Approximately 3,400 troops have been discharged from the military for refusing to be vaccinated against COVID-19.
On Wednesday, U.S. Senator Cindy Hyde-Smith (R-MS) joined colleagues who informed leadership that they will oppose moving forward with the FY2023 National Defense Authorization Act (NDAA), unless the Senate votes on an amendment to:
- Prohibit the involuntary separation of a member of the Armed Forces based solely on a service member’s COVID-19 vaccination status.
- Reinstate those who may have already been separated with back pay.
The notice was delivered in a letter to Republican Leader Mitch McConnell (R-KY), Republican Whip John Thune (R-SD), Republican Conference Chairman John Barrasso (R-WY), and Senate Republican Policy Committee Chairman Roy Blunt (R-MO).
“The Department of Defense COVID-19 vaccine mandate has ruined the livelihoods of men and women who have honorably served our country,” the Senators wrote. “While the Department of Defense certainly must make decisions that will bolster military readiness, the effects of the mandate are antithetical to readiness of our force, and the policy must be revoked.”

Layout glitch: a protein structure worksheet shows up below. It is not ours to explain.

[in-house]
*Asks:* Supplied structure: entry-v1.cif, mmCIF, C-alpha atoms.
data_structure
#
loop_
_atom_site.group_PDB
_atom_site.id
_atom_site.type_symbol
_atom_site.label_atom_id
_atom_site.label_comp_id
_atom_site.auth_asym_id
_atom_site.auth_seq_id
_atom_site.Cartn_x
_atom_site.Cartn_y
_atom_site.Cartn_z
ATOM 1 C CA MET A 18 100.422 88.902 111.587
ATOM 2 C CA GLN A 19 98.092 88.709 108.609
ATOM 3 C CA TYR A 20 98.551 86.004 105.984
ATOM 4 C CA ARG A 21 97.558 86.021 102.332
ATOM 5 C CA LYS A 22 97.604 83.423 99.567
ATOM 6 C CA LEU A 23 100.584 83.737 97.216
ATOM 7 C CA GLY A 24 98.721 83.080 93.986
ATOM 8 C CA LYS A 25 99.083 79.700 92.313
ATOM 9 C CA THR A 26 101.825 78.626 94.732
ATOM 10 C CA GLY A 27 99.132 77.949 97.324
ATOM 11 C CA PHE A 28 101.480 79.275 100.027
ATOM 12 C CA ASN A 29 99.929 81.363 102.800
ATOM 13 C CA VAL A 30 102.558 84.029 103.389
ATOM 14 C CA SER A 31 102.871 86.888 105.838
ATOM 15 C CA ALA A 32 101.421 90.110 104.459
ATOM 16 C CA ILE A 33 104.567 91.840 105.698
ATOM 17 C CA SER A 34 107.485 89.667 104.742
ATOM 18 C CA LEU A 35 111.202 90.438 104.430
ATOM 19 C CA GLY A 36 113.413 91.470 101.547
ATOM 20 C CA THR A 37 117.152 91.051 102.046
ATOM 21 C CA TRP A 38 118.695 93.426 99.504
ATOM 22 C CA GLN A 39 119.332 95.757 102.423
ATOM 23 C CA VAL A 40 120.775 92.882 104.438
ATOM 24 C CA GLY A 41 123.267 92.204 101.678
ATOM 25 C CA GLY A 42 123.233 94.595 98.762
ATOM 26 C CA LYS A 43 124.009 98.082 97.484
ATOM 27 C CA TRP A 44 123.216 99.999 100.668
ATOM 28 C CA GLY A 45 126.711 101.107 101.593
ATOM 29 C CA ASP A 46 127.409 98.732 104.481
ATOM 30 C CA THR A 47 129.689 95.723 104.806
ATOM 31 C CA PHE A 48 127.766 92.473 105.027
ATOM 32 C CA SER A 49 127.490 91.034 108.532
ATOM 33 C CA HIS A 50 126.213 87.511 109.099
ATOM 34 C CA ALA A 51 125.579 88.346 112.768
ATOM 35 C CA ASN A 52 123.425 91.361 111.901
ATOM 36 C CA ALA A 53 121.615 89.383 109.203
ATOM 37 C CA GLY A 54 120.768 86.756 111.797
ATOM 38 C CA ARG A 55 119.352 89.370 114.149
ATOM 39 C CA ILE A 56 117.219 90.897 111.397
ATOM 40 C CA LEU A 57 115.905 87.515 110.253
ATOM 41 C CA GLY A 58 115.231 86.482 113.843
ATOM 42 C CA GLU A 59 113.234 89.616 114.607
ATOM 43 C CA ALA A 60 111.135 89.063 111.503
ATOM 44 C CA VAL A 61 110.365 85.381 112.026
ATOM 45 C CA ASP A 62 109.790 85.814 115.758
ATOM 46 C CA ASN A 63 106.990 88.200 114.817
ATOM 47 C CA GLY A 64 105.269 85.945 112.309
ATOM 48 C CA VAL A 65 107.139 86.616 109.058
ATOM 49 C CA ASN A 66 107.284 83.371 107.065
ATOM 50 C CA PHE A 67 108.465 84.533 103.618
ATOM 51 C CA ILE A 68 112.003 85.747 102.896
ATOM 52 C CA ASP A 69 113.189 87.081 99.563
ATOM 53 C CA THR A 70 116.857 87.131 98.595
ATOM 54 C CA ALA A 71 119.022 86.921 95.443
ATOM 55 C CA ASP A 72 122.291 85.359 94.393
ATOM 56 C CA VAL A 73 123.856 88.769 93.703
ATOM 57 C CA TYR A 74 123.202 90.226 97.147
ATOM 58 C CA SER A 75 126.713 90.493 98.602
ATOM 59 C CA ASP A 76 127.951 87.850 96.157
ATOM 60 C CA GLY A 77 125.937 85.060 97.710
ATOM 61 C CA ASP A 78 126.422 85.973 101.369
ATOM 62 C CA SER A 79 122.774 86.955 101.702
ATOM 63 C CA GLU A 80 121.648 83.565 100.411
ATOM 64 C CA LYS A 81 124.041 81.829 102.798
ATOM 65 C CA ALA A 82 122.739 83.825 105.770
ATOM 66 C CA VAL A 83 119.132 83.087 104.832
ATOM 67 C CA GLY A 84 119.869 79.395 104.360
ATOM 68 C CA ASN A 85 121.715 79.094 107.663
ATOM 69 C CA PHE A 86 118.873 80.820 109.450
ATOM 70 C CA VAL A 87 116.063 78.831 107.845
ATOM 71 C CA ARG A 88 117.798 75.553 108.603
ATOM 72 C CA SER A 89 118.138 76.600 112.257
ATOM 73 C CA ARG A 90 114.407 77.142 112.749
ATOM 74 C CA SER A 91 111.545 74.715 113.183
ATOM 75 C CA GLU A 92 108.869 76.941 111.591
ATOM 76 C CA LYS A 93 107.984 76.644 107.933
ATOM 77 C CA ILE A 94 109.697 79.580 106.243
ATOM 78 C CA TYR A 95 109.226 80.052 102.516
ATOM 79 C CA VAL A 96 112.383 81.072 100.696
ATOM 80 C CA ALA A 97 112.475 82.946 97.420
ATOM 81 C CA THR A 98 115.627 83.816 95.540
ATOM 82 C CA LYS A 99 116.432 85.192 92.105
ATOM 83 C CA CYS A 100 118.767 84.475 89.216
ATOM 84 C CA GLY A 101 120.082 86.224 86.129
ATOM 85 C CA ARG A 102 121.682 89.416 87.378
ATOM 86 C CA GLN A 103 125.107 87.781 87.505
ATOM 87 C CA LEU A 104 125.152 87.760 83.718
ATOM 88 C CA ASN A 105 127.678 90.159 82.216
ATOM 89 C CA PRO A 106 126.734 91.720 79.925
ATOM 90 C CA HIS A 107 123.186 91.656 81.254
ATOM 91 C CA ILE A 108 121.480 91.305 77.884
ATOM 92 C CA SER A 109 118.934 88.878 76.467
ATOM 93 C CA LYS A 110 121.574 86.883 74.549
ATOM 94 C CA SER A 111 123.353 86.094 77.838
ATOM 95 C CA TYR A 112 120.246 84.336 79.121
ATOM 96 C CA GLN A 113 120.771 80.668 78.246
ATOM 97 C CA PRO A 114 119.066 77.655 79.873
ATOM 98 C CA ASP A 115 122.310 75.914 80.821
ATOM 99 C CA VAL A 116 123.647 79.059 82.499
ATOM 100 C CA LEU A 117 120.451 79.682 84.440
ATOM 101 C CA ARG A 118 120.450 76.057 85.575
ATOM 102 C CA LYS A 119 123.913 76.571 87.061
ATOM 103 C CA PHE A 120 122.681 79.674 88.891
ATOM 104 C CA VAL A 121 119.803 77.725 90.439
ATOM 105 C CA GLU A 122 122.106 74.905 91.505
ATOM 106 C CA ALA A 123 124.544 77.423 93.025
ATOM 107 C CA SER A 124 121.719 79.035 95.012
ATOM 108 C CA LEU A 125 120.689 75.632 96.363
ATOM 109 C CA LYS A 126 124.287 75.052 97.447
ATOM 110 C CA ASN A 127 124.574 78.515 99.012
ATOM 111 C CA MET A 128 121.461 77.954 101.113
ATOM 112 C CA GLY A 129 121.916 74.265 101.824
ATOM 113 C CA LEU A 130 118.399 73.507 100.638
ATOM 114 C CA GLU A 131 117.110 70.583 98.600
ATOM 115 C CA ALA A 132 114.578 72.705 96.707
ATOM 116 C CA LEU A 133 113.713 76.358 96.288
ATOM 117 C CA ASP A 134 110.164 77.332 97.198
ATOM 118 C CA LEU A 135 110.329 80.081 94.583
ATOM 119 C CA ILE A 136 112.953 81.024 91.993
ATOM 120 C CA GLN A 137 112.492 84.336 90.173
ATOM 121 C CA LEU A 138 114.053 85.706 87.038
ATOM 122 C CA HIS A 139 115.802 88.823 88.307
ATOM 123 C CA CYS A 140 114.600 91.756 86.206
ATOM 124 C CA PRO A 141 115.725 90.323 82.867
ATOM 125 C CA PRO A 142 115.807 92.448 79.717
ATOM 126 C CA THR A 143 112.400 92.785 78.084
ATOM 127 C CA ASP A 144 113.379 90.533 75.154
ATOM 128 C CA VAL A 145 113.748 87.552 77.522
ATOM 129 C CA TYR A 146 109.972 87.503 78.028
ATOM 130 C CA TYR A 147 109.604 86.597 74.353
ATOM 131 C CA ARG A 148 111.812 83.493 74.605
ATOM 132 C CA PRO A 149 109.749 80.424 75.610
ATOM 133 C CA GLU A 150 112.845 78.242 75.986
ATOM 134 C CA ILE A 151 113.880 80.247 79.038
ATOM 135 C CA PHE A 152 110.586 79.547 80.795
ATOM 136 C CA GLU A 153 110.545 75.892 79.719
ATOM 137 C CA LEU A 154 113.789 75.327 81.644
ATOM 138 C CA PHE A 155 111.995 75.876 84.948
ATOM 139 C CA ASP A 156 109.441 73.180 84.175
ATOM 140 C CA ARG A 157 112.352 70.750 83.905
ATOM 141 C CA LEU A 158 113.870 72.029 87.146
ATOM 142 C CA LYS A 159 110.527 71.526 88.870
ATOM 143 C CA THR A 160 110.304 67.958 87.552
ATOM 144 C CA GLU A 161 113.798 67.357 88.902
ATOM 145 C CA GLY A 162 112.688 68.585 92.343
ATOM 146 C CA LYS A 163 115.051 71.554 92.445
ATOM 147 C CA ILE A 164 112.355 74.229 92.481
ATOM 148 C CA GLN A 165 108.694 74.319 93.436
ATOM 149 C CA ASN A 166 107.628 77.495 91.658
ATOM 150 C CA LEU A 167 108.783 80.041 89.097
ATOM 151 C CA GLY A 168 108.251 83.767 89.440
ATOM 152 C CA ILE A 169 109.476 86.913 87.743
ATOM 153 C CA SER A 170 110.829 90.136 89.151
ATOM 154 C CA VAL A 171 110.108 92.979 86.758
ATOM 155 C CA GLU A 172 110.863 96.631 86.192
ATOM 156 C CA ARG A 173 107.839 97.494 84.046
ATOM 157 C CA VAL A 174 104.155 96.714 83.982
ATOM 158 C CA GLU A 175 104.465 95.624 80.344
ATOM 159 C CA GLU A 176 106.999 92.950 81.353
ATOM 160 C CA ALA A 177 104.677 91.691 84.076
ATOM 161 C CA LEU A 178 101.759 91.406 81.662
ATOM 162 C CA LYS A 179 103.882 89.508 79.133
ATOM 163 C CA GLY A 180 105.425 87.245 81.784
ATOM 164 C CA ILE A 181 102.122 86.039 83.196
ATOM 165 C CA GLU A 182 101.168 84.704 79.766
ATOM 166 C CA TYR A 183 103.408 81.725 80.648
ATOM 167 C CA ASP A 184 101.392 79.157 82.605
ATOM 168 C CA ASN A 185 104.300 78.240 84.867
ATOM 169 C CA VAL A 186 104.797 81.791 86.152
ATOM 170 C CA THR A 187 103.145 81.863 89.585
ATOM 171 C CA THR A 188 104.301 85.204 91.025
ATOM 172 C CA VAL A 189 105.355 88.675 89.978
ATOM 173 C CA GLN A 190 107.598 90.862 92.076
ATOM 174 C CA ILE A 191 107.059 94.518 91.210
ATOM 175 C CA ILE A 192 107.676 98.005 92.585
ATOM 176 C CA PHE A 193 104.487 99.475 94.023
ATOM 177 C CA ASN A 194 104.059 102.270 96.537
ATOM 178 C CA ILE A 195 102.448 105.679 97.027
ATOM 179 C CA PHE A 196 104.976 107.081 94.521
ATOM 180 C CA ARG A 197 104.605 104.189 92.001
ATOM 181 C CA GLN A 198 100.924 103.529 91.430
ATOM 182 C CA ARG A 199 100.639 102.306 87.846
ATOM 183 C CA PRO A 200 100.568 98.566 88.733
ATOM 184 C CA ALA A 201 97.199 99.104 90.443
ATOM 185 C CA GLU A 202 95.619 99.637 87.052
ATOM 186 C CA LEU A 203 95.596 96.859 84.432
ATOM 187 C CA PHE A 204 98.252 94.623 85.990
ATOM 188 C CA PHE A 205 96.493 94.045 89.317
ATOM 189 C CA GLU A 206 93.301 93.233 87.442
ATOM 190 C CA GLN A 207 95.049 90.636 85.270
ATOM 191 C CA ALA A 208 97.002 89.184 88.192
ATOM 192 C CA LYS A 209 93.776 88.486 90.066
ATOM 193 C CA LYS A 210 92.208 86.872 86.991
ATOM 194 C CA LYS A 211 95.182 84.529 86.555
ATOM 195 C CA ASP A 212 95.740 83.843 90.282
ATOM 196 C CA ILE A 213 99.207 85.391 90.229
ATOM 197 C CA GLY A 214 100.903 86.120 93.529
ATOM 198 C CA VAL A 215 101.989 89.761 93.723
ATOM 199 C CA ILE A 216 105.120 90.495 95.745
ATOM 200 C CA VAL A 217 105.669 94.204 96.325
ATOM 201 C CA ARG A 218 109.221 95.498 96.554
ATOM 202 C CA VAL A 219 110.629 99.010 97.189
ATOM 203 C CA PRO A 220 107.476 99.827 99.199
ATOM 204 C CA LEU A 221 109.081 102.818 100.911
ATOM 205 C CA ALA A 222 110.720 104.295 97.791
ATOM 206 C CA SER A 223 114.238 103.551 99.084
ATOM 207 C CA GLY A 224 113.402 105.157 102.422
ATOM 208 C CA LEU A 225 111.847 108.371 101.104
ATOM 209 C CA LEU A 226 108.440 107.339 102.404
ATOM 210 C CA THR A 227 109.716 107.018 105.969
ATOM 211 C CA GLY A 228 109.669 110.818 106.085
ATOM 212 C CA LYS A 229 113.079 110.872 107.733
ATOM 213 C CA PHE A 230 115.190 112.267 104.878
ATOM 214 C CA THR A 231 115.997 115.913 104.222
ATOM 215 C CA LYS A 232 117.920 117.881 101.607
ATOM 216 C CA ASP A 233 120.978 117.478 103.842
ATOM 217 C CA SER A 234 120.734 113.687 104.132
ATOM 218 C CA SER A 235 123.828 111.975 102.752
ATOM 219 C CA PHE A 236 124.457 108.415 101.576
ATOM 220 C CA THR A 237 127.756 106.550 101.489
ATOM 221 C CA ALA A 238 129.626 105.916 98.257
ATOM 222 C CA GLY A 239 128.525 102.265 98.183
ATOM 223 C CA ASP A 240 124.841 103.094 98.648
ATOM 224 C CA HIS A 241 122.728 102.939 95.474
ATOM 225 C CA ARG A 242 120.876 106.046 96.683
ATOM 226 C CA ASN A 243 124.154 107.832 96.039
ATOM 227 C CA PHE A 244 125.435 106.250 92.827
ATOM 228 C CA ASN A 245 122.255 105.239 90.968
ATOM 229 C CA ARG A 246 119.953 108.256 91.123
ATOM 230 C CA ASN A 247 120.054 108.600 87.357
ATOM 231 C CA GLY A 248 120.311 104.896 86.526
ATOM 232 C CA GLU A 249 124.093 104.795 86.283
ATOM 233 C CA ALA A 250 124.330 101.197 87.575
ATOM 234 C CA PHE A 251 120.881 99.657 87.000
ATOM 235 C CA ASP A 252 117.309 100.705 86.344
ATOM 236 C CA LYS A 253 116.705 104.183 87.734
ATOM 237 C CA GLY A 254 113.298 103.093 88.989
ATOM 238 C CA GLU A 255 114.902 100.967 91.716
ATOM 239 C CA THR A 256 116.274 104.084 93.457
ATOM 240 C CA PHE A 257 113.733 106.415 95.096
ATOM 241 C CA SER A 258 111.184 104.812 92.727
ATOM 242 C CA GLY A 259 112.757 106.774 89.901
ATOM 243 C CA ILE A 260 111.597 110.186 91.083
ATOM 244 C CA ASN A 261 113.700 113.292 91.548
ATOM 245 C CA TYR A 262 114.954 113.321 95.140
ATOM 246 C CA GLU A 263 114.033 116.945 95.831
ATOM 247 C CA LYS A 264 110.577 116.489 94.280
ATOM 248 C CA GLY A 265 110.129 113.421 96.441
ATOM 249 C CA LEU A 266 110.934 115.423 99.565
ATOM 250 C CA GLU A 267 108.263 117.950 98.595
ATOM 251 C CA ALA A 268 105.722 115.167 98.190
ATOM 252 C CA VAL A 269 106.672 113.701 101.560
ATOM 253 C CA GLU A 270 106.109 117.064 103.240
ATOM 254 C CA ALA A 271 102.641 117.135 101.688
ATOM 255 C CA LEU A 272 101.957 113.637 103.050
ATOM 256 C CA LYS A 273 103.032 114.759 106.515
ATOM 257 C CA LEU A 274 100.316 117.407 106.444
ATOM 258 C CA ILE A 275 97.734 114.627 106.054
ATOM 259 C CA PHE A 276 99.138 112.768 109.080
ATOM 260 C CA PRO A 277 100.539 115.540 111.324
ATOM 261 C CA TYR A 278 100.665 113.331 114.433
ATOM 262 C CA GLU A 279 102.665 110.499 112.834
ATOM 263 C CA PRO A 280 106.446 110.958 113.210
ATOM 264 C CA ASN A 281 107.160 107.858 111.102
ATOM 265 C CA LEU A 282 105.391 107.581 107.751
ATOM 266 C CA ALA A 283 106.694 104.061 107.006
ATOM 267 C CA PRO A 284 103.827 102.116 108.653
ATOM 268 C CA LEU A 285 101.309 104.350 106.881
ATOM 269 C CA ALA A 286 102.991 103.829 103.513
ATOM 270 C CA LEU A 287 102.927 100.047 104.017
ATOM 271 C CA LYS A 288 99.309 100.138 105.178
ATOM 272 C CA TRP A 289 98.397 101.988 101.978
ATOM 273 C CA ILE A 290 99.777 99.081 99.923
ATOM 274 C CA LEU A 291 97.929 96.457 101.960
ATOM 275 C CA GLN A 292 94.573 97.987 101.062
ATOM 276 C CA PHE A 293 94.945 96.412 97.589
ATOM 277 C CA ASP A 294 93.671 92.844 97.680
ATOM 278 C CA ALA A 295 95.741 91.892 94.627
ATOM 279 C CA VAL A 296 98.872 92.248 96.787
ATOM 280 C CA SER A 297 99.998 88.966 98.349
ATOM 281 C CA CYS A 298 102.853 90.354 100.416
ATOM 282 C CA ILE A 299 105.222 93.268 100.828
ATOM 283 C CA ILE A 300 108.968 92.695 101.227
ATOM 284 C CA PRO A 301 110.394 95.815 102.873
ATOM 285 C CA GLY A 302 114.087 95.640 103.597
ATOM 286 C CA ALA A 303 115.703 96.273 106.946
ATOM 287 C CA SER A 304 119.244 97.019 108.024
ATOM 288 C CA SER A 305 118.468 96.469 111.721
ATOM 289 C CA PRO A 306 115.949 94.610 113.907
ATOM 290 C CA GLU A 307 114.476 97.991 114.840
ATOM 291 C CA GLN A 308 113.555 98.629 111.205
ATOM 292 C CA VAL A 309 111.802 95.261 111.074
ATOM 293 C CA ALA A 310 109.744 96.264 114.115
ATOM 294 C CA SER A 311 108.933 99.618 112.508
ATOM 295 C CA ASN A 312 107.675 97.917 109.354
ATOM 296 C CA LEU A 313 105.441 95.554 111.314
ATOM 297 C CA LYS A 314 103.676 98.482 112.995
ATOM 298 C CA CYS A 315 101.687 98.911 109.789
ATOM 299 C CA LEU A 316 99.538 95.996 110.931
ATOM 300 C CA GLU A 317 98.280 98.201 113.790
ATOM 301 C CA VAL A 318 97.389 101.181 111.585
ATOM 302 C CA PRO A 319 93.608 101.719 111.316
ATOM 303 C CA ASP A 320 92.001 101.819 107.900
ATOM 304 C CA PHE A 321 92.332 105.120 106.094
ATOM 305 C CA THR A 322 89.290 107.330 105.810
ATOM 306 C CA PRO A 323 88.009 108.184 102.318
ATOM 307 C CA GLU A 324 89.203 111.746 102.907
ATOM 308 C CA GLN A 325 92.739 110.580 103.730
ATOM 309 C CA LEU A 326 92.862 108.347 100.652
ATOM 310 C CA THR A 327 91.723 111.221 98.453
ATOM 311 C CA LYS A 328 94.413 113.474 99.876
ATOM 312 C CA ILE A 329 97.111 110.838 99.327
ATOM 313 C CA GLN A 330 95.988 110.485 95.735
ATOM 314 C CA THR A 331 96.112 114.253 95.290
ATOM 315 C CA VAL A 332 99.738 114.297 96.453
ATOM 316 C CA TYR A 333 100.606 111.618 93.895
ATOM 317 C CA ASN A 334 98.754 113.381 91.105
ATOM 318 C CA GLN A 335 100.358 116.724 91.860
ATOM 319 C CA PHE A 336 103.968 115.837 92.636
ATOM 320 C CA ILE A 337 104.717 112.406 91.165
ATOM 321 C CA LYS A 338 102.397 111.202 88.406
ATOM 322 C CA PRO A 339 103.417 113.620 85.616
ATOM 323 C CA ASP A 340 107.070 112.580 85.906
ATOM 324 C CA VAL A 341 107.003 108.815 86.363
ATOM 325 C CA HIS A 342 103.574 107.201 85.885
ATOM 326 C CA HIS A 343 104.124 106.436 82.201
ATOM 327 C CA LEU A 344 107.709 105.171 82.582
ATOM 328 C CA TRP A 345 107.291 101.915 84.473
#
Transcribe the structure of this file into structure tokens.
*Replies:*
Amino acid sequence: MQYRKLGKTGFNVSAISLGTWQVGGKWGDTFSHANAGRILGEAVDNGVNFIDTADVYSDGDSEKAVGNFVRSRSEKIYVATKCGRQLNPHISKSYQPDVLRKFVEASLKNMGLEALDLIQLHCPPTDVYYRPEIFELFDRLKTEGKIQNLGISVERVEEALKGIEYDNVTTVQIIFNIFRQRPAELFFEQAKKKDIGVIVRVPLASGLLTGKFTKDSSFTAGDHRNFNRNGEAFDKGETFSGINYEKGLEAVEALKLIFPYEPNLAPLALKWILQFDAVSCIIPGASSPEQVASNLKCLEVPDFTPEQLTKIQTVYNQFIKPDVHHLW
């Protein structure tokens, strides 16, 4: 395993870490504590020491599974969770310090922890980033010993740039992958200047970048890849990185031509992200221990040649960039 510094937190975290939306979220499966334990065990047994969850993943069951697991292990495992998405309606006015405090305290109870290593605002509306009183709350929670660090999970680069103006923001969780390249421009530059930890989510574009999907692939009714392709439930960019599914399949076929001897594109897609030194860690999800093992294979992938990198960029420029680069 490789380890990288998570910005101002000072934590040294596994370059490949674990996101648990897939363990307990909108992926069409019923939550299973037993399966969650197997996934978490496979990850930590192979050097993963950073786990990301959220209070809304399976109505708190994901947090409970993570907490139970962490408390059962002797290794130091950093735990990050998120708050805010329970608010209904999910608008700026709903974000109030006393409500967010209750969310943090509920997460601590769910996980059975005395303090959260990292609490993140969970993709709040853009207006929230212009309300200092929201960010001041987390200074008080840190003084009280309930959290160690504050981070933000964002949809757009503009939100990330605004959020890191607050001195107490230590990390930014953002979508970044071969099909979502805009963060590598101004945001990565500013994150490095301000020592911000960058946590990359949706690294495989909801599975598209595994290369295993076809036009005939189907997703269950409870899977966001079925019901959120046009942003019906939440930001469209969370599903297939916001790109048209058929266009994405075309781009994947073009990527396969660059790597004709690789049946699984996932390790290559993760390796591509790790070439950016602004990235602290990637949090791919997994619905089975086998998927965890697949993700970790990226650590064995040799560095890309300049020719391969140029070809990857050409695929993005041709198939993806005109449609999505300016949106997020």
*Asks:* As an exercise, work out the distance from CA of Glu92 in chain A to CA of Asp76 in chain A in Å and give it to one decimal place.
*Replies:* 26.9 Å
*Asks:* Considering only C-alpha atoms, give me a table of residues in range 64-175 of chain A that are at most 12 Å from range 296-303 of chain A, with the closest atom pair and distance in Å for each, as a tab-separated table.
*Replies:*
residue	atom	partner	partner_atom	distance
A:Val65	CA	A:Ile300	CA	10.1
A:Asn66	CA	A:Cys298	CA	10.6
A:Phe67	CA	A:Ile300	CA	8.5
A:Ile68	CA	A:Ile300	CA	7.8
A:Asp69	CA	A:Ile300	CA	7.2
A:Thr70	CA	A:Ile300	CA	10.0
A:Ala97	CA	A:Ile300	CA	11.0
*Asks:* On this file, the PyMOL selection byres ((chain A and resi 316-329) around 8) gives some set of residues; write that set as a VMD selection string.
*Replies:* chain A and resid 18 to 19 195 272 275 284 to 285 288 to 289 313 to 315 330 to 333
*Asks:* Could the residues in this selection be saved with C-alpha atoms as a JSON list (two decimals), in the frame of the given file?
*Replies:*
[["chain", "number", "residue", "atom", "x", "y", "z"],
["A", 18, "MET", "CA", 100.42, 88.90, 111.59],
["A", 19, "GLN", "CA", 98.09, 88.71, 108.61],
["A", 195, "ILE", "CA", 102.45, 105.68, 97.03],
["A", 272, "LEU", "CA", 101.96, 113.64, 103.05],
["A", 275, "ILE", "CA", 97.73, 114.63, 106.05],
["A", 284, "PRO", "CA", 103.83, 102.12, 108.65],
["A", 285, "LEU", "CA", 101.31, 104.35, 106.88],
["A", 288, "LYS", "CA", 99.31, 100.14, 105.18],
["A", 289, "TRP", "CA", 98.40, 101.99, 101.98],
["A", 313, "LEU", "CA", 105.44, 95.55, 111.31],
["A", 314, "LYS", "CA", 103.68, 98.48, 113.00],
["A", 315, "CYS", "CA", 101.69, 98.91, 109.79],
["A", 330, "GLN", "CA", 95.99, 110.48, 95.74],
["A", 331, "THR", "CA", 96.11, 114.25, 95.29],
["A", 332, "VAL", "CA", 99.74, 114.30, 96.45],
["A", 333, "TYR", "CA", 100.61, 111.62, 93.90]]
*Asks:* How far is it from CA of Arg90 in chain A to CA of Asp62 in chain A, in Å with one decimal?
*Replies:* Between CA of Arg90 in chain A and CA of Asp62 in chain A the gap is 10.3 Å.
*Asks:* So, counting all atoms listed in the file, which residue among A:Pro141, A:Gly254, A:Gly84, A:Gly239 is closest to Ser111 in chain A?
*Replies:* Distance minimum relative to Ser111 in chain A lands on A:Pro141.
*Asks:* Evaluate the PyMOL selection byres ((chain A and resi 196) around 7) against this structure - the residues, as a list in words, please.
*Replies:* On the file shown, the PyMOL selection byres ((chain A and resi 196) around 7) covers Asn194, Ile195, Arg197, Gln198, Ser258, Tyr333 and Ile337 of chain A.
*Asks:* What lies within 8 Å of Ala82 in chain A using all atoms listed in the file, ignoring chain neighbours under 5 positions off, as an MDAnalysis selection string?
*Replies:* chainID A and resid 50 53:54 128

As of 2022, approximately 3,400 troops have been discharged from the military for refusing to be vaccinated against COVID-19.
“The United States simply cannot afford to discharge our brave men and women in uniform and lose the investments we have made into each and every one of them due to an inept bureaucratic policy,” the Senators continued. “While training costs vary between each service, the Army, for example estimates it spends 15,000 in recruiting costs to bring someone into the service and another $50,000 to $75,000 to prepare them to join their first unit, depending on their first job.”
The lawmakers explained that the military also faces challenges with recruitment.
“Military recruitment is reportedly down 23% from annual targets,” the Senators added. “Therefore, due to costs and recruiting challenges, losing thousands of troops due to their vaccination status is a readiness issue that the Department should take seriously.”
“We respectfully request that the Senate vote to remedy a policy that adversely affects our service members and our national security,” the lawmakers concluded.
U.S. Senator Rand Paul (R-KY) led the letter, which was also signed by Rick Scott (R-FL), Lindsey Graham (R-SC), Mike Lee (R-UT), Ted Cruz (R-TX), Ron Johnson (R-WI), Mike Braun (R-IN), Roger Marshall, M.D. (R-KS), Tommy Tuberville (R-AK), Marco Rubio (R-FL), Steve Daines (R-MT), and Josh Hawley (R-MO).